Doesn't the exam specify what it means by a "proof"? Your remark on the first proposition is probably what along the lines of what would be required of you (assuming you are working with standard semantics of predicate logic e.t.c. which from the circumstances I think I can assume you are). As is suggested in another answer, and a remark on a somewhat embarrassing error in mine, you can apply the same reasoning for the second proposition, you since you can find two situations (both satisfying $P$ and $Q$), one where it is true and one where it is false. The answer would, thus, be that not information is given (more formally you would say that the statement is neither provable nor disprovable from your assumption $P$ and $Q$).
In the third case I suspect, as another answer has already pointed out, that stating that the truth tables are equivalent is probably what they want you to do. Such a proof is not a "formal proof" (that is not to say it isn't rigorous) in the technical sense of the word though, since it is a proof on the standard semantics of propositional logic, rather than a proof within some proof system.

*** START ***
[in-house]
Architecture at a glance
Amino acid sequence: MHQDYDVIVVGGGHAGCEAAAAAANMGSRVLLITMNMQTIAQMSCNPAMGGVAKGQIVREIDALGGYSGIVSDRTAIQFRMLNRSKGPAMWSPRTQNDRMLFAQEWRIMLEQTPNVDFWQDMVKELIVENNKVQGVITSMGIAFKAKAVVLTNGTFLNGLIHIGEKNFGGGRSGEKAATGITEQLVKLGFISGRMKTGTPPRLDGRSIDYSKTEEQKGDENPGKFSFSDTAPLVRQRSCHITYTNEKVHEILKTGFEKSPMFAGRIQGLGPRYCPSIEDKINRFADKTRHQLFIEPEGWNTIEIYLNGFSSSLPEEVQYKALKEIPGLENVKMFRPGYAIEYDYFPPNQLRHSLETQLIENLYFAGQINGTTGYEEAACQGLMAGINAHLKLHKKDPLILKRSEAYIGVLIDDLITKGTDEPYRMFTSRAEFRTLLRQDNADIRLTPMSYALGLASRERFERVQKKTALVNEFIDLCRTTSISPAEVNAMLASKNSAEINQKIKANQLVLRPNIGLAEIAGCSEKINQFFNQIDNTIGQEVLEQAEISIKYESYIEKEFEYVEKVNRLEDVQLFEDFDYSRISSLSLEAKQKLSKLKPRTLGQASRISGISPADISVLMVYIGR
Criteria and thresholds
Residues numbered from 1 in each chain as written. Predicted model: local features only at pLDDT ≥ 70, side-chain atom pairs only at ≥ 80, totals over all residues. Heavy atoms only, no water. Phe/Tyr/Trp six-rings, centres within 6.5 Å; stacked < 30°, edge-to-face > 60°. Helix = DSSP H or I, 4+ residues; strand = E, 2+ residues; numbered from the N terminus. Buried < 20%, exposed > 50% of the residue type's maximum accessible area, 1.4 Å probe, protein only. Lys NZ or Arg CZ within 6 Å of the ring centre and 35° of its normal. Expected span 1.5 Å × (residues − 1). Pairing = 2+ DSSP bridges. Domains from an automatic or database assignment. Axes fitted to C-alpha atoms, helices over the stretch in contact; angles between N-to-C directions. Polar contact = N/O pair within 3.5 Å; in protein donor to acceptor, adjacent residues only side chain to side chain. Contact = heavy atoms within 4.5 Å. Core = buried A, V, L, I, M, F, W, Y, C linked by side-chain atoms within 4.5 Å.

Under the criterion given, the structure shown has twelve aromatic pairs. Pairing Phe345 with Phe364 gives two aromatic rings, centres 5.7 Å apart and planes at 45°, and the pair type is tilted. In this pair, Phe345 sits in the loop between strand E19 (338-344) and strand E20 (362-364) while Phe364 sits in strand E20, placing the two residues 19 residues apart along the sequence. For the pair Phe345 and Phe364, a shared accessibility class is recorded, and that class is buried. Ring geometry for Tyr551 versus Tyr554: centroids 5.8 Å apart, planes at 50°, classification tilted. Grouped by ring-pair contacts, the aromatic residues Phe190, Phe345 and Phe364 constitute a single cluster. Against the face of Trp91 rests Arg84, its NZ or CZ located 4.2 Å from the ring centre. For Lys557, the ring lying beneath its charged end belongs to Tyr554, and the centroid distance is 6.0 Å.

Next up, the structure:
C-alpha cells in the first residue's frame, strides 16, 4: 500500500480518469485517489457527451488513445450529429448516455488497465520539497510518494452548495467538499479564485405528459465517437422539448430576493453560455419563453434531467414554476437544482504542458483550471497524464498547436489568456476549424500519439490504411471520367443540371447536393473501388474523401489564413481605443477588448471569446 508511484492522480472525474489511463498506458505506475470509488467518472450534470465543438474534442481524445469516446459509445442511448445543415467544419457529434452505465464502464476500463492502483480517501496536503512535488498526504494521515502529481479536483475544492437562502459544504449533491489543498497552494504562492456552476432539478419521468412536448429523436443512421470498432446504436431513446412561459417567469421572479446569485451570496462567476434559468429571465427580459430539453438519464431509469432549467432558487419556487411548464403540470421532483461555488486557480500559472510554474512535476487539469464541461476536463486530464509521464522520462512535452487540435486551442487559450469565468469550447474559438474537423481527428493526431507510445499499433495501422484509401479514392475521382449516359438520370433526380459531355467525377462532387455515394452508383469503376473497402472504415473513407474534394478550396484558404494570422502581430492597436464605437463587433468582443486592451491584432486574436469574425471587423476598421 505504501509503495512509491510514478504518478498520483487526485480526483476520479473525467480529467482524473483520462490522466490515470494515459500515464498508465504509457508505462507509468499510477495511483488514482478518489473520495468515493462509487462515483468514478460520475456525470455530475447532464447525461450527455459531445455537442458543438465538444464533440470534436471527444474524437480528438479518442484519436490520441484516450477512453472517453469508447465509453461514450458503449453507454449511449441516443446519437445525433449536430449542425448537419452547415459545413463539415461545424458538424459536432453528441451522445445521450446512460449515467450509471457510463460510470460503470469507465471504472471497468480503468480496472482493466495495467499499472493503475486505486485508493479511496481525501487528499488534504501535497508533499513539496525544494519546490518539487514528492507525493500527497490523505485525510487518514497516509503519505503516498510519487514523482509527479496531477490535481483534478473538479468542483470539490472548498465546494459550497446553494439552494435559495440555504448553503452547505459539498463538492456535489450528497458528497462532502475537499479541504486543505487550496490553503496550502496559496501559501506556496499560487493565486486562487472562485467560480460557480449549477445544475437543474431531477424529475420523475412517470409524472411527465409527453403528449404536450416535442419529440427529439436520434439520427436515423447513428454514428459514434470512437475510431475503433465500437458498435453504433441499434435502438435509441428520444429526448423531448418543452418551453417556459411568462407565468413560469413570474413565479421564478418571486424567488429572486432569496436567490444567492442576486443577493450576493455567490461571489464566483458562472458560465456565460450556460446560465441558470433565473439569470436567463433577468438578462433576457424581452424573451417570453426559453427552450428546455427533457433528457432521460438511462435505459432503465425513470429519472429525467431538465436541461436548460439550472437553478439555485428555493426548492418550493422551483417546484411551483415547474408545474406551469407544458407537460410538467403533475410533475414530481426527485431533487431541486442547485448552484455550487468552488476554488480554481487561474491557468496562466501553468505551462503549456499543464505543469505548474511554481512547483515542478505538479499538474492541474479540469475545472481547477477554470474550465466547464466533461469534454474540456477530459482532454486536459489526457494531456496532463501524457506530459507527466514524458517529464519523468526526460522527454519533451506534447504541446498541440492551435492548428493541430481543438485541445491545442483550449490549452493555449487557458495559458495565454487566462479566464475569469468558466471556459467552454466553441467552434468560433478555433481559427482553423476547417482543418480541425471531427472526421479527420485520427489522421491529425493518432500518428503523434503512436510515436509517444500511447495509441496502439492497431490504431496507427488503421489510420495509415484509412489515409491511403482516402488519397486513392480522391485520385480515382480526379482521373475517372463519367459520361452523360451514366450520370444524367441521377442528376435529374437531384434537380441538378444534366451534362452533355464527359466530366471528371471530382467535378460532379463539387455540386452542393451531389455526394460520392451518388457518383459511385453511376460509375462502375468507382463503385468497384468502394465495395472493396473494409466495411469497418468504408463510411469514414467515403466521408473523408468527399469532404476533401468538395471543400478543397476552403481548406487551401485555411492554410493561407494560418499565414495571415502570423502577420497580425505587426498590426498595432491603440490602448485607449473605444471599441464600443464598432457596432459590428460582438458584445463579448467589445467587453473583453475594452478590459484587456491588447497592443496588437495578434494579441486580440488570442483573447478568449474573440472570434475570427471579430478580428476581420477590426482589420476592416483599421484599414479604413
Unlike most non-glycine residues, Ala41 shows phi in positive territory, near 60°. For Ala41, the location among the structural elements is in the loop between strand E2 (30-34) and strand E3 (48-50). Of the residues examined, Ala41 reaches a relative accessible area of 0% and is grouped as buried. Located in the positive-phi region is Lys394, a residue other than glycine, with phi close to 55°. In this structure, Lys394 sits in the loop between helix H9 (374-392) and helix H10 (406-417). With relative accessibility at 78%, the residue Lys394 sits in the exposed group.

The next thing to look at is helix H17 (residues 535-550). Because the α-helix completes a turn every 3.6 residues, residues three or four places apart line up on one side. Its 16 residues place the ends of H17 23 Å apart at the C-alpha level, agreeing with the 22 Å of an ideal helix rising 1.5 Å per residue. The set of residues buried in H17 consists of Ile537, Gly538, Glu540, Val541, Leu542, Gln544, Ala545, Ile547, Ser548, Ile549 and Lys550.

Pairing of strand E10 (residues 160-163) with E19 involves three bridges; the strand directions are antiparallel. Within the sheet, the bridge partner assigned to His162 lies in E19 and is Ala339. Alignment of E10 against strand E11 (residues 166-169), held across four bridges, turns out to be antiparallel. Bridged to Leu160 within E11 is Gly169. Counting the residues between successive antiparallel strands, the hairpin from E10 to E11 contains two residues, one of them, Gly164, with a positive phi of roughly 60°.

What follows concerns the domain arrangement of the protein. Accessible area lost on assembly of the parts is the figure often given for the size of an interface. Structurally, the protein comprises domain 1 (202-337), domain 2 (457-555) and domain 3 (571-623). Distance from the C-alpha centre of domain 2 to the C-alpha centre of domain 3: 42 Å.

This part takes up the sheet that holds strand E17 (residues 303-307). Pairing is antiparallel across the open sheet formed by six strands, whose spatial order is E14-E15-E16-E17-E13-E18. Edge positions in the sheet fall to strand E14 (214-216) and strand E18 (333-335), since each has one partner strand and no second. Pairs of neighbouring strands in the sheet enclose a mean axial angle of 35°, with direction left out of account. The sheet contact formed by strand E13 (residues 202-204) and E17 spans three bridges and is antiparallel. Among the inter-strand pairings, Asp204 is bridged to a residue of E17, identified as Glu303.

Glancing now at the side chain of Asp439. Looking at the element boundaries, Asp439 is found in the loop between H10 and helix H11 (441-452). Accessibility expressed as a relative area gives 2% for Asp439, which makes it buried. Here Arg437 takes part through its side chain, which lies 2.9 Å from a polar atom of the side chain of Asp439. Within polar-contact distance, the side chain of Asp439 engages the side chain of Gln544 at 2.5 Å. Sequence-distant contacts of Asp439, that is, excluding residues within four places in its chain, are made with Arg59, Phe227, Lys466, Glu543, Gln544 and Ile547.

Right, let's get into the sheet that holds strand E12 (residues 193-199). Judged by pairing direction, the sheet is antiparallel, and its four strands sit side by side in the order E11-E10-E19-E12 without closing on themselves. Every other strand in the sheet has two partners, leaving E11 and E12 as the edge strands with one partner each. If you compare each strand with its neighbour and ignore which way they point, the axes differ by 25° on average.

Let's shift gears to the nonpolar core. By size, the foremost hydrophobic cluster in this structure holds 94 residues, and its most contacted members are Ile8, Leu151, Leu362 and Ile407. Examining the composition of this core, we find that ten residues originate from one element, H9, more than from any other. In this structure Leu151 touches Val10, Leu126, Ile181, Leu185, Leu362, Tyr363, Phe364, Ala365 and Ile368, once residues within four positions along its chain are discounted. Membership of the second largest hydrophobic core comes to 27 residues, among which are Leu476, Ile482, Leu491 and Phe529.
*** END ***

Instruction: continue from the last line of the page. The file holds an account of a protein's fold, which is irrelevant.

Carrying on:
So in case you are familiar with any of the usual formal proof system for propositional logic you can prove the third statement by applying or-elimination, basically meaning you split the assumption of $P$ or $Q$ into two cases, one where $P$ is true, and another where $Q$ is true.
In the first case you have a contradiction (since you have now assumed $\lnot P$ and $P$) which by the principle of explosion (anything follows from a contradiction) means you can conclude $Q$.
In the second case you can trivally conclude $Q$, since you assumed it. or-elimination now states that since you could conclude $Q$ from both these cases, you can conclude $Q$ from their disjunction (their disjunction meaning the statement $P$ or $Q$).
As I already said, unless they have said something about formal proofs somewhere I doubt this is what they expect, but I figured it might be worth noting for completeness :).